I have several mom stories.
The first was when I was in second grade. I would have been 7. We’d made it with just one car, a station wagon until then. My mom would take my dad to work just after lunch, then a neighbor who worked nights at the paper, would bring him home after midnight. So my mom pretty much raised four boys. Not saying my dad wasn’t around, but my mom did the discipline for the most part.
She was tough and didn’t take much off any one of us. We got whippings. She was firm in the neighborhood (Westmont Circle in Meadowcliff). The boys in the neighborhood did as she said. And, she was firm to the neighbors that they keep control of their pets.
There were a few loose cats, some of whom no one claimed. Not sure how that worked, but they were troublesome.
When I was in second grade, we finally got a second car. It was a special gift to my mom, a white Impala convertible. At least that’s what I believe it was. She also had a Nova convertible at one point. There were red ones and white ones.
The one for this story was white, with white leather seats. It was pretty sweet. My mom loved it.
There was one cat that caused trouble for my mom. It would test it’s claws on the convertible top. We had a car port, open on two sides. No garage.
One morning – and my two older brothers were away at camp – the cat had a litter in the front seat of my mom’s car. She was furious. I heard new words.
She got a burlap sack and I held it as she dumped in cats. The mother cat went in, too.
It was tossed in the back seat and I joined the sack. We went over the Arkansas River bridge downtown and my mom had me chunk it. It was all I could do to get it out the car and over the concrete railing. I can still see a wiggling sack go over the top out of the convertible and yes the top was down.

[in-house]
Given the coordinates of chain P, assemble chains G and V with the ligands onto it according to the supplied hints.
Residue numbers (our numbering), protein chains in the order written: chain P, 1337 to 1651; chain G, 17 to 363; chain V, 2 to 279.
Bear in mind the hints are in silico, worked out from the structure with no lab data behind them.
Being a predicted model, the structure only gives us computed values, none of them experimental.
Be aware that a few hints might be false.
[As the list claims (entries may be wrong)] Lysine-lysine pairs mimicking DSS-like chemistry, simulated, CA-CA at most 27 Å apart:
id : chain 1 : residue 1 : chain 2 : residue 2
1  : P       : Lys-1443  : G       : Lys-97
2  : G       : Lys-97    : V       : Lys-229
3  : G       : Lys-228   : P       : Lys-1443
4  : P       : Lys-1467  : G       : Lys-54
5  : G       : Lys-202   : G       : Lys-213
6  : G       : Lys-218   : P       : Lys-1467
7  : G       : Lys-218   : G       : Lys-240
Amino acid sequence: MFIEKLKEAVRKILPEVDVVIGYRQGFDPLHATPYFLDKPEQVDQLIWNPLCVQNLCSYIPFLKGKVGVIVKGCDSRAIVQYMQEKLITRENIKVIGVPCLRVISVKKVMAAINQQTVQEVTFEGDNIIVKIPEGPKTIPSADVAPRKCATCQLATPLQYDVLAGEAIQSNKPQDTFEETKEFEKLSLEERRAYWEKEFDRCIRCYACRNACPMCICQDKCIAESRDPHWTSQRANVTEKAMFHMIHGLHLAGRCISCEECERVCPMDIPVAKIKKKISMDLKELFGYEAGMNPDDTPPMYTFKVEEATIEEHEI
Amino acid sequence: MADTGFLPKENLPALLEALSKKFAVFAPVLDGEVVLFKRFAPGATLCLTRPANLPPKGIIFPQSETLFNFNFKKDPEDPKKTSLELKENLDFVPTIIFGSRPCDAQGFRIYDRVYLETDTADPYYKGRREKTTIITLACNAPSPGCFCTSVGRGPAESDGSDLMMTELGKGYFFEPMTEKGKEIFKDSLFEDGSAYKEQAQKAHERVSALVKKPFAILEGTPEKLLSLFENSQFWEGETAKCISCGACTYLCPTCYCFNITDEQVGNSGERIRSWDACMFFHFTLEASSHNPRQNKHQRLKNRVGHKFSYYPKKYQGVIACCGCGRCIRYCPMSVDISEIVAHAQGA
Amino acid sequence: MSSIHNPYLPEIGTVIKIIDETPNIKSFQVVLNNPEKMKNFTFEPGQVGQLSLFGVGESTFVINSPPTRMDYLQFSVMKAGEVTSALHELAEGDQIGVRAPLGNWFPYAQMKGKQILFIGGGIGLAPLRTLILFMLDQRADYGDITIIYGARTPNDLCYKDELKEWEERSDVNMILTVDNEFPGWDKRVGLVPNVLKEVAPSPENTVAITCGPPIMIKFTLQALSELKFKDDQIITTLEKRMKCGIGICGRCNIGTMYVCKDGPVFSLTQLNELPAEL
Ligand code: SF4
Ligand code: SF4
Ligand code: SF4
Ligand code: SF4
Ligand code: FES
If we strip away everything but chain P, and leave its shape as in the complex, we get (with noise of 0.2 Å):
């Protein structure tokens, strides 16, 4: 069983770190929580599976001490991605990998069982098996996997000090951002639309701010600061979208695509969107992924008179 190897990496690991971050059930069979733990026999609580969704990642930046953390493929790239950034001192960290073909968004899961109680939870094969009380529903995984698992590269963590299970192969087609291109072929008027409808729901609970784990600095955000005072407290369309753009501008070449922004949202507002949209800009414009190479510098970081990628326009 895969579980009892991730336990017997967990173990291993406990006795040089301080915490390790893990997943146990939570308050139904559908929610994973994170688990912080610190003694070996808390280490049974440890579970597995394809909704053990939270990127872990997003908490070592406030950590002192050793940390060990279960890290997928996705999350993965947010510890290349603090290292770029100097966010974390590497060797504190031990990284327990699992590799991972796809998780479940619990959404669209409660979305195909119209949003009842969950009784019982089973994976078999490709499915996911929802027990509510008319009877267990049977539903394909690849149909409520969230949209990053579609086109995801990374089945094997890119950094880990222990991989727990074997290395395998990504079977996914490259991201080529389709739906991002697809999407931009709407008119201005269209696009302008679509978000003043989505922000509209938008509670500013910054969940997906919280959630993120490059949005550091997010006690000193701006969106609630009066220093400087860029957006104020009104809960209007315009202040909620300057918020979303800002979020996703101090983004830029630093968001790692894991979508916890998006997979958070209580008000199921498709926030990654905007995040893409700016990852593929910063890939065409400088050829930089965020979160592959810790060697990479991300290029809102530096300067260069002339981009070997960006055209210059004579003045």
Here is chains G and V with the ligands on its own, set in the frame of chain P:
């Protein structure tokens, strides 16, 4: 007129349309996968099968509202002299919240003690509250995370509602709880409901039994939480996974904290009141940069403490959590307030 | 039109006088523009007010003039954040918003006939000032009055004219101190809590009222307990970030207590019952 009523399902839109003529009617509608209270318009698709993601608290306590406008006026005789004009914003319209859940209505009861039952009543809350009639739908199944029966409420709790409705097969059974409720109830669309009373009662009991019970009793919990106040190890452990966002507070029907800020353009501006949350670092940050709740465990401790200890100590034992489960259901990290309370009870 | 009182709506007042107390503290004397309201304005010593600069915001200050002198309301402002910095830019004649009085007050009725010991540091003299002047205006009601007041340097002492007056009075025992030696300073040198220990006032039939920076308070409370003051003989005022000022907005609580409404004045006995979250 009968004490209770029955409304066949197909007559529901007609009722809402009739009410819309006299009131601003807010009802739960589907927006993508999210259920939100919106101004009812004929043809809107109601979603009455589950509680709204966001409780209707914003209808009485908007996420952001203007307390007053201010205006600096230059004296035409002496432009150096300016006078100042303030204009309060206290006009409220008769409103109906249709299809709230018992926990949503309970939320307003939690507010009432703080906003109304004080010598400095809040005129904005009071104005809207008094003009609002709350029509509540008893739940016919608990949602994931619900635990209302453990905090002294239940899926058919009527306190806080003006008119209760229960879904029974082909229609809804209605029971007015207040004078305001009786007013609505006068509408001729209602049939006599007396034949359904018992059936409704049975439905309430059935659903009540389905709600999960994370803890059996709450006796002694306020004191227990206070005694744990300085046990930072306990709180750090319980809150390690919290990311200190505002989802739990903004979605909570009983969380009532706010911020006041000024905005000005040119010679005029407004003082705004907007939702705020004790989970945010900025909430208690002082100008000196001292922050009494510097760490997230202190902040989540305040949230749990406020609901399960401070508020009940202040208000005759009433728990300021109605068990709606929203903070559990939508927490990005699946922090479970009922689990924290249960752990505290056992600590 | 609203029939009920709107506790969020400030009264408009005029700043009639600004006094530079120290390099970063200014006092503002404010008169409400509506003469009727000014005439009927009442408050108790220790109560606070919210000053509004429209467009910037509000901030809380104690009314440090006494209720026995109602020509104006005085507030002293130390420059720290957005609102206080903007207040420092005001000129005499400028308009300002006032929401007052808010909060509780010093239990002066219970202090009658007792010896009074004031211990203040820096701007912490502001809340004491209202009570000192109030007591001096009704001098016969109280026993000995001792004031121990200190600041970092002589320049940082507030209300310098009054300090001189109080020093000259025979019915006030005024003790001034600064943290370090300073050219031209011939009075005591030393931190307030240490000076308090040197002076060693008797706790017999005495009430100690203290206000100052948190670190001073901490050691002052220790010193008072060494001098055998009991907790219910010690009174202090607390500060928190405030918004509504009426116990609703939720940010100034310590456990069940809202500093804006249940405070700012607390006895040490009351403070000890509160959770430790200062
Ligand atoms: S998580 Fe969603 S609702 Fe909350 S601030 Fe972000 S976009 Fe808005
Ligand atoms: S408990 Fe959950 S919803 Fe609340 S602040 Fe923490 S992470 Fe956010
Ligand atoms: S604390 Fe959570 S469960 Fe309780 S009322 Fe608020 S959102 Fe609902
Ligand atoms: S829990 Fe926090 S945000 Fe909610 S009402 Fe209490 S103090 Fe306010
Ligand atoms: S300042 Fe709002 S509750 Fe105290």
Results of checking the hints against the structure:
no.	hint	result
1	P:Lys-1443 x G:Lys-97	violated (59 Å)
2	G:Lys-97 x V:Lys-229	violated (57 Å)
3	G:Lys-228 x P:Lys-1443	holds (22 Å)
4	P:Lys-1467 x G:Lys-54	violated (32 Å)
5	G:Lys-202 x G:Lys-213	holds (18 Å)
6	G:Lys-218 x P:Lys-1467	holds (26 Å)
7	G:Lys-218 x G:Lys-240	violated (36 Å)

Interestingly, that event was never discussed again. I did tell my brothers when they got home in a few days, but they advised that I stop telling it.
The other story was about her teaching me to dance. I was a sophomore – not old enough to drive) when an older girl (a LR Central Hi Stepper no less) asked me to go to a dance. I was on the basketball team and it was a dance after a game. I wouldn’t need to take her to the game, but I’d have to get her home after the dance.
My two older brothers started laughing as soon as they heard about it. They knew I was going to have to have waltz lessons and would also need a driver to get the girl home. It would be my mom in both cases. My mom gave me lessons for about 10 nights in the kitchen with waltz music. It was awful. I cannot waltz to this day. The funny part, we all knew there would be no waltz music played at the dance.
So it all went fine and my mom picked us up after the dance. We took the girl home and I walked her to the door. I gave her a peck on the cheek and hustled back to the car, mostly glad it was all over.
I got back in the car and my mom was glaring at me. What was that? A peck on the cheek. You gotta kiss them on the lips. I might have if she hadn’t been in the car watching, I said. It was pretty funny in retrospect, but not so funny then.
I got home and my brothers asked if I kissed her on the lips and if mom had watched. I said, no. They started laughing. Apparently, they had heard that speech before, if not in the same circumstances at least at one point or another after or before a date.